That Tingling in Your Feet

  • Posted on: Sep 15 2020
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We’ve all had a foot or hand fall asleep. Maybe we were sleeping at a bad angle and awoke with an arm that was limp or tingling. Crossed legs when sitting could have left a foot with the same feeling. The abnormal pressure pushes on nerves and compresses the blood vessels that support them. The nerves react to their distress by sending signals that cause an unpleasant, even painful, tingling sensation.

To remedy the situation, we move the arm or leg to a different position. The pins-and-needles sensations go away as the blood vessels open up and the pressure is taken off the nerve.

What’s happening is basically a miniature example of what can happen to your nerves due to health problems such as diabetes. Peripheral neuropathy. Unlike short-term hands or feet “falling asleep,” with peripheral neuropathy the symptoms aren’t a response to a fleeting lack of blood supply and pressure; they are due to injury or irritation of the nerves.

Dr. Seruya helps patients with peripheral neuropathy at his Los Angeles practice.

 What causes peripheral neuropathy?

There are many causes of peripheral neuropathy. In the U.S., diabetes leads a list that includes excessive alcohol consumption, nutritional deficiencies, exposure to toxic chemicals, and autoimmune disorders that attack the nervous system. Different diseases can also cause peripheral neuropathy: HIV/AIDS, Lyme disease, Charcot-Marie-Tooth disease, and others.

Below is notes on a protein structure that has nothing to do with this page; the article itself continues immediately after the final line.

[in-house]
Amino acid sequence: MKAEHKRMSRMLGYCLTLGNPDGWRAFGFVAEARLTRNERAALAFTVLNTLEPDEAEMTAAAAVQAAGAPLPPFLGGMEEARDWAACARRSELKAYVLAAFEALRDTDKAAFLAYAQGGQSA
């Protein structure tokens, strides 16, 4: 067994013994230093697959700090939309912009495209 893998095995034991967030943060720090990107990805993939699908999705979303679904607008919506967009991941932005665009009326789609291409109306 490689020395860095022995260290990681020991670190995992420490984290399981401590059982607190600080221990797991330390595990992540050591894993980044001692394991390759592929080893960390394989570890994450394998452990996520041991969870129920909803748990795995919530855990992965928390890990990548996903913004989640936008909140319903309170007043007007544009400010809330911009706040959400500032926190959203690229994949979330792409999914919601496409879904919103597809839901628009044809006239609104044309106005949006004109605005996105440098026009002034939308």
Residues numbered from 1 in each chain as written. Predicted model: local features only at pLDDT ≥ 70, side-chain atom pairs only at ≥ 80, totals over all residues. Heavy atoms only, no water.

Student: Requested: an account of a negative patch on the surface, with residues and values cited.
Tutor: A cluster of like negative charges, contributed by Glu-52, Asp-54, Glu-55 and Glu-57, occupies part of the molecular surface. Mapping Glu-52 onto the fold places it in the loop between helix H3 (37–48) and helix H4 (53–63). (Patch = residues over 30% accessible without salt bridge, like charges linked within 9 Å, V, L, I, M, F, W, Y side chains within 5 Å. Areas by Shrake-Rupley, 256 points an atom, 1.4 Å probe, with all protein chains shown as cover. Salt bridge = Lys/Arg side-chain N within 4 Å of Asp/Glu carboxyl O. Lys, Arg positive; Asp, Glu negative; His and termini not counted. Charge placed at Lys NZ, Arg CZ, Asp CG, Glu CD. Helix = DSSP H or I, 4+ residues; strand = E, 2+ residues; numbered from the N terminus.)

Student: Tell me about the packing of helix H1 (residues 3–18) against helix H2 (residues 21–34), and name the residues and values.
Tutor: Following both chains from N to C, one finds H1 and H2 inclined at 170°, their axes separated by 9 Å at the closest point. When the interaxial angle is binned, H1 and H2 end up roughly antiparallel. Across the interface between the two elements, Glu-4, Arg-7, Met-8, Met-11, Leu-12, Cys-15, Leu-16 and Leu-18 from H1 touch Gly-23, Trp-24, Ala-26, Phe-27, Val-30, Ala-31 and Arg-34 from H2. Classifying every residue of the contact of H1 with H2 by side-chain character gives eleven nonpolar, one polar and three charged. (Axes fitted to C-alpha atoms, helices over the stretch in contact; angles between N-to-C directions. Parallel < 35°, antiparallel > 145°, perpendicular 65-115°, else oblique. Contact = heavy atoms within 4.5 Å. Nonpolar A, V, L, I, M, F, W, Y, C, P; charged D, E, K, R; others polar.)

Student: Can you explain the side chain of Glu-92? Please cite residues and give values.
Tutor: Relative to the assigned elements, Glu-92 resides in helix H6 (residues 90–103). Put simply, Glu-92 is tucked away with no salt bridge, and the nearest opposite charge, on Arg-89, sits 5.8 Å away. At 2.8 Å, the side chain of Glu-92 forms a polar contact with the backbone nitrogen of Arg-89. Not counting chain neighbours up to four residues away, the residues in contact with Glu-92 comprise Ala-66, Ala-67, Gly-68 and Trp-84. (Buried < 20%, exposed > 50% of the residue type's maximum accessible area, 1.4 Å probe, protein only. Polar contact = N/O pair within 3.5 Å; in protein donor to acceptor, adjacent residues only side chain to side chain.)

Sometimes, the origin of the problem cannot be identified. This is known as idiopathic peripheral neuropathy.

When treatable

With peripheral neuropathy, once Dr. Seruya is able to identify the cause of the nerve damage, he can typically have success treating it. In most cases, the cause can be removed, and this allows the nerves to heal and the symptoms to resolve.

Peripheral neuropathy from diabetes is a prime example. Blood sugar levels can be controlled with diet, exercise, and possible medication. Better blood sugar control can help stop neuropathy from getting worse. The same would be true of a patient who is drinking too much. Having the patient cut back on alcohol consumption can soon reverse the peripheral neuropathy.

Of course, these treatments aren’t always as cut and dried as that. For these patients, Dr. Seruya will need to help the patient find relief from the pain. While conventional painkillers are not always very effective, many doctors have found success prescribing medications originally designed to treat seizures and depression for nerve pain. These alternatives can have side effects, but patients generally feel the tradeoff is worth the relief of the pain.

Do you have tingling feet or hands? You could have the beginning of peripheral neuropathy. Please call Dr. Seruya at (310) 423-2129 and let’s check out the problem.

Posted in: Diabetic Neuropathy, Latest News

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